Frustratingly, there is no single diet or medication which can help everyone prevent IBS symptoms. IBS is often a chronic or even lifelong condition which cannot be cured simply, but there are a lot of things you can do to manage the condition.
Before even starting any sort of medication, you can reduce the severity of symptoms with some lifestyle changes, such as the following:
- Avoid eating lots of fatty, spicy or processed foods. It’s also helpful to avoid having more than 3 portions of fresh fruit a day (80g is considered a portion).
- It’s a good idea to have soluble fibre foods such as oats, carrots, peeled potatoes and linseeds on a regular basis. Cook homemade meals using fresh ingredients when possible
- Avoid having 3 cups of tea or coffee a day and avoid having a lot of alcohol or fizzy drinks too
- Drink plenty of water to avoid dehydration and reduce your chances of having diarrhoea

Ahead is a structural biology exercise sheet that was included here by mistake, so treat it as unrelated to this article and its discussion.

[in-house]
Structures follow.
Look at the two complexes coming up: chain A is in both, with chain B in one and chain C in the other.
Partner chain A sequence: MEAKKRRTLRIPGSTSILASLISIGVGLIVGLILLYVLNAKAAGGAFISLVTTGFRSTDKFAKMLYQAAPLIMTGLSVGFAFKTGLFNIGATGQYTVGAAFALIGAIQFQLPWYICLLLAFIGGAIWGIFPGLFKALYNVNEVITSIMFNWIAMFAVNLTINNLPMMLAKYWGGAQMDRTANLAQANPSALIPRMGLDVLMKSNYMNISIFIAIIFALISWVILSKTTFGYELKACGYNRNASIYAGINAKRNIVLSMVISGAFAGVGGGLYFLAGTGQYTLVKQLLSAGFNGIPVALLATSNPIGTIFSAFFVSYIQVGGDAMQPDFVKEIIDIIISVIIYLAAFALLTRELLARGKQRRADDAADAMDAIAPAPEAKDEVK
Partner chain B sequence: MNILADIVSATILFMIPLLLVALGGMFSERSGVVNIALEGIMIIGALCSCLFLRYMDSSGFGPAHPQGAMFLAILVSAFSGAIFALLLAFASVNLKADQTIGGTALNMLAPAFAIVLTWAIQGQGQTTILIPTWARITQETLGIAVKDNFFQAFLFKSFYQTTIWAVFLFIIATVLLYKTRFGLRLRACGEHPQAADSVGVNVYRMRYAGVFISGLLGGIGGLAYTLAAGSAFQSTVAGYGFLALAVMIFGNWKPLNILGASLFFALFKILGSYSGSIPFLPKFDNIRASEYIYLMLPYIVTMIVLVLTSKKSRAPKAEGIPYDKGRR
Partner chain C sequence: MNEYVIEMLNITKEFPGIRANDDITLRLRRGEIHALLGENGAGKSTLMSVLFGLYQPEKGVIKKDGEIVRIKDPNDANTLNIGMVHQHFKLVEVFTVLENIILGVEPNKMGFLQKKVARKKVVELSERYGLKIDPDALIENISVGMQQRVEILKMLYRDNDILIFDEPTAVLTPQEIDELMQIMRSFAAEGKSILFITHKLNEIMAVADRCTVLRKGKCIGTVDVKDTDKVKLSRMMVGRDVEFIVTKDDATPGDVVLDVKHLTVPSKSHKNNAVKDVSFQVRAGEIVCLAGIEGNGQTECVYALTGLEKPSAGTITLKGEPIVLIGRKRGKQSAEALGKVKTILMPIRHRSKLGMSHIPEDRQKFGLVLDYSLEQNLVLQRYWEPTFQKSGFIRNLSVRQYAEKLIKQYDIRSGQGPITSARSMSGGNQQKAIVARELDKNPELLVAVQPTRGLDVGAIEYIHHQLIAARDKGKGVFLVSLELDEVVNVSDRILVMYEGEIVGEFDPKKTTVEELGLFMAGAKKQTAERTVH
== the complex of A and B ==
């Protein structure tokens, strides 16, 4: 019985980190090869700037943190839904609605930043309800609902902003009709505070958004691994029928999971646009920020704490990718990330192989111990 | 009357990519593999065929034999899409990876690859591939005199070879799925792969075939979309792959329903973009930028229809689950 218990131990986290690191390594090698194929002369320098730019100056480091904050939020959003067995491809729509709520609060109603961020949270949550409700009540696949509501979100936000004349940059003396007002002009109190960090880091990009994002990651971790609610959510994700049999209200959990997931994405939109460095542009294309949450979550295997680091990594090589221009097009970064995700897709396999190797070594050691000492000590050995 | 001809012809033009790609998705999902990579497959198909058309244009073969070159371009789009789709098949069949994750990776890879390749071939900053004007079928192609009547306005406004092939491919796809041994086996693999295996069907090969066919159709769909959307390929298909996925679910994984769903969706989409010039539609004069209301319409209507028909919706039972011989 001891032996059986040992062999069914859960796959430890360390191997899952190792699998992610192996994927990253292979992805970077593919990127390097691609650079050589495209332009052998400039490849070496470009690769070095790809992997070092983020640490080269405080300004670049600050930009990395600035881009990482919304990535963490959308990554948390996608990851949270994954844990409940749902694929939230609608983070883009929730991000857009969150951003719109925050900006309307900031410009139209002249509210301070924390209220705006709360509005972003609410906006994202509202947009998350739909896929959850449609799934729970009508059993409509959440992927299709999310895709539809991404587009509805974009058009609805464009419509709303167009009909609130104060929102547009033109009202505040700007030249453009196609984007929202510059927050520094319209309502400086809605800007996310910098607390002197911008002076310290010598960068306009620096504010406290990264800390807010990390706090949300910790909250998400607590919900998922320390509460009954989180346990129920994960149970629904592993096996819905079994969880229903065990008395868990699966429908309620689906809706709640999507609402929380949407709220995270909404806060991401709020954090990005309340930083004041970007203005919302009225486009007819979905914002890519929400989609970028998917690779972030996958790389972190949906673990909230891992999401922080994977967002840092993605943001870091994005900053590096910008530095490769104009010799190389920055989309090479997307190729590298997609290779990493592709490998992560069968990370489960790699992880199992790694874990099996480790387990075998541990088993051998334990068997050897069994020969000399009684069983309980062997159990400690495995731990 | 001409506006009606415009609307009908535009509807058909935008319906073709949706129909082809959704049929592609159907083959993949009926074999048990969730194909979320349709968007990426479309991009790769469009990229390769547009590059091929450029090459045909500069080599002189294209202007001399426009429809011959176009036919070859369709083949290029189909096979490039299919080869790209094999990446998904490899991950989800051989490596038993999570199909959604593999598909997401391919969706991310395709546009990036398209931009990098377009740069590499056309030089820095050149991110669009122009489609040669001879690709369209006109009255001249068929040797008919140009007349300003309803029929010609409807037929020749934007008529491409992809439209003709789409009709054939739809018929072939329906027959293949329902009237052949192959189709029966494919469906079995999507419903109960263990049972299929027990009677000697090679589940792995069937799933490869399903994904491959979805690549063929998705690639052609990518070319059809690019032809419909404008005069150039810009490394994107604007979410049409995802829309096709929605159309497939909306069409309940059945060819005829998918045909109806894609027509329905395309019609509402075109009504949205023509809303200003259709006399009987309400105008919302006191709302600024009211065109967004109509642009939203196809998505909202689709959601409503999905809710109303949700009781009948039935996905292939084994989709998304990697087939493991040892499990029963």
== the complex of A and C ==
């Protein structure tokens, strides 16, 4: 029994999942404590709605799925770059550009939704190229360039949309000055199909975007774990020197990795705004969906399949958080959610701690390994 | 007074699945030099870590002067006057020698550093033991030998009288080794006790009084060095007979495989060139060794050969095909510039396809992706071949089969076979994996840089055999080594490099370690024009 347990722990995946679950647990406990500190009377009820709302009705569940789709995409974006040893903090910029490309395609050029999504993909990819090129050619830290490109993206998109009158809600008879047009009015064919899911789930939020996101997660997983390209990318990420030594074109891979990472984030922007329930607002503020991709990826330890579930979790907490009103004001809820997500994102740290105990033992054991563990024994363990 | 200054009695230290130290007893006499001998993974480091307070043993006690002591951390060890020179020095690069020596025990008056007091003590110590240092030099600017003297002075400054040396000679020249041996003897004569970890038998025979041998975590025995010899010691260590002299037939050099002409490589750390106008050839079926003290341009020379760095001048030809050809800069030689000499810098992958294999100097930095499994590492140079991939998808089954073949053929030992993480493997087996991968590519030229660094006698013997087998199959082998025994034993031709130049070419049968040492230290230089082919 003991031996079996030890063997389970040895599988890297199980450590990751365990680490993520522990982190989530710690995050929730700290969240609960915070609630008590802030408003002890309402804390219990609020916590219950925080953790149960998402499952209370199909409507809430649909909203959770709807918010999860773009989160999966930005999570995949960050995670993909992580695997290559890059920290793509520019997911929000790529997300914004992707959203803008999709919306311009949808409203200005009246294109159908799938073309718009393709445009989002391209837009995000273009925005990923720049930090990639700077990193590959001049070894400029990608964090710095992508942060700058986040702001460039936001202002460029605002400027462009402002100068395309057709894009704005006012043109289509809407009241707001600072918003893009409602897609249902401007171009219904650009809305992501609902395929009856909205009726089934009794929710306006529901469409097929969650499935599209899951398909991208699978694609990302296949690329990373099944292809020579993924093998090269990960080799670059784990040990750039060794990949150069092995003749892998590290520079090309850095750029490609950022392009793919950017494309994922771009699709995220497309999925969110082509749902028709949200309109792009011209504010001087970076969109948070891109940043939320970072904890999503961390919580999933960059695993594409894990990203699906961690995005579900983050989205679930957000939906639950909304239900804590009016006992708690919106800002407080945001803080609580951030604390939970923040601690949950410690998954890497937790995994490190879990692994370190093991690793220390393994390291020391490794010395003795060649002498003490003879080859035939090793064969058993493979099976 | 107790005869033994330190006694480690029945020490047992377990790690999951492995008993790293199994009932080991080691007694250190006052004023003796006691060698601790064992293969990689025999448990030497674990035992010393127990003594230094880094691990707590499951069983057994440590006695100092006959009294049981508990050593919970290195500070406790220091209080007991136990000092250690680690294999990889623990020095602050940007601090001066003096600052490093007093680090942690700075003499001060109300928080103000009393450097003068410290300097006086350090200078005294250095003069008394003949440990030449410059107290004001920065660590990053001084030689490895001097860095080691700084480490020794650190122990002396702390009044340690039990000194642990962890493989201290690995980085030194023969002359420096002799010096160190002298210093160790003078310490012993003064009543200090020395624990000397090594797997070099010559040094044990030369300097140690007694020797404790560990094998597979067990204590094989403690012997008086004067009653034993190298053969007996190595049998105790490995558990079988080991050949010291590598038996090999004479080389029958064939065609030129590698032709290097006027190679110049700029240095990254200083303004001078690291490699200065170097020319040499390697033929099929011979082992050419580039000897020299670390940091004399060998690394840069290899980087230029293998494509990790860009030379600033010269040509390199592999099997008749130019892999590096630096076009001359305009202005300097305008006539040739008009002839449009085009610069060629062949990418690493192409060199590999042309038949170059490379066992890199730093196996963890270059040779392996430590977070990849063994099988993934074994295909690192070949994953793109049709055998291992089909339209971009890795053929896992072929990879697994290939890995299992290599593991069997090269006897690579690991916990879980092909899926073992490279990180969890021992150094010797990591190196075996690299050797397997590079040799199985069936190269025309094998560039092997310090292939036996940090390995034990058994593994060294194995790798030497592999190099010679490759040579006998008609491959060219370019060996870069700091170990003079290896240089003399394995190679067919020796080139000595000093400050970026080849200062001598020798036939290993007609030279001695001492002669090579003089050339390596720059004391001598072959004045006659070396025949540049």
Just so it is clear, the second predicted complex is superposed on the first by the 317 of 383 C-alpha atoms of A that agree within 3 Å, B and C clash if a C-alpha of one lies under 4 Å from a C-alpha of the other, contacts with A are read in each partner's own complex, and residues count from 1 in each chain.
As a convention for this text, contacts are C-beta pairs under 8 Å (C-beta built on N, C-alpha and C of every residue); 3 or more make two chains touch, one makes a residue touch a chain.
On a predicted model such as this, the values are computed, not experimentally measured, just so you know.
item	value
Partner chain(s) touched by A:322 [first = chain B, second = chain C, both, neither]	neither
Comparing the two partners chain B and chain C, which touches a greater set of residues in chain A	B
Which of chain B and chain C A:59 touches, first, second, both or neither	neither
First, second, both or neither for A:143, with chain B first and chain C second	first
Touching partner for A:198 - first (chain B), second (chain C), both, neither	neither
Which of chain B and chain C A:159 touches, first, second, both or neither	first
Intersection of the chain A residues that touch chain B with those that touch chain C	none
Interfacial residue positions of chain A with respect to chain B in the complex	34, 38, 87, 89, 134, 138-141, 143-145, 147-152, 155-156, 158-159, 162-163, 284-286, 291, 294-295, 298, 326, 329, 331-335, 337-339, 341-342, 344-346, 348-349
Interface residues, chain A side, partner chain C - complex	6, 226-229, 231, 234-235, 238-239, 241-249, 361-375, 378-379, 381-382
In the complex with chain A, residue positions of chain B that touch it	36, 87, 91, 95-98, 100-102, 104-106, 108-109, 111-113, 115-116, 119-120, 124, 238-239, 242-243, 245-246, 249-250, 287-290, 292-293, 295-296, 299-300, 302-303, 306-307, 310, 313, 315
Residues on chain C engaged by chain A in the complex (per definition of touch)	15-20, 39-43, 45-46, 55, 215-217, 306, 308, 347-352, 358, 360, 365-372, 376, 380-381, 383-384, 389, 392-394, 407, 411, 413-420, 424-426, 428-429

- Try to get plenty of exercise but also find ways to relax too
- Avoid delaying or skipping meals as much as possible
- Keep a diary of what you eat and what (if any) symptoms you experience sometime after certain meals. This can give you a better idea of what triggers your IBS.
There are several medications which exist that are effective at treating IBS symptoms. Which one is best suited for you to use depends largely on what type of IBS you have been diagnosed with.
One noteworthy example is mebeverine, which can relax muscles in the gut to assist with the process of digesting food. It is usually prescribed for treating IBS-D, but it may be used alongside other medications depending on the range of symptoms a patient is experiencing. Other medications used for treating IBS include Loperamide, Fybogel and Buscopan.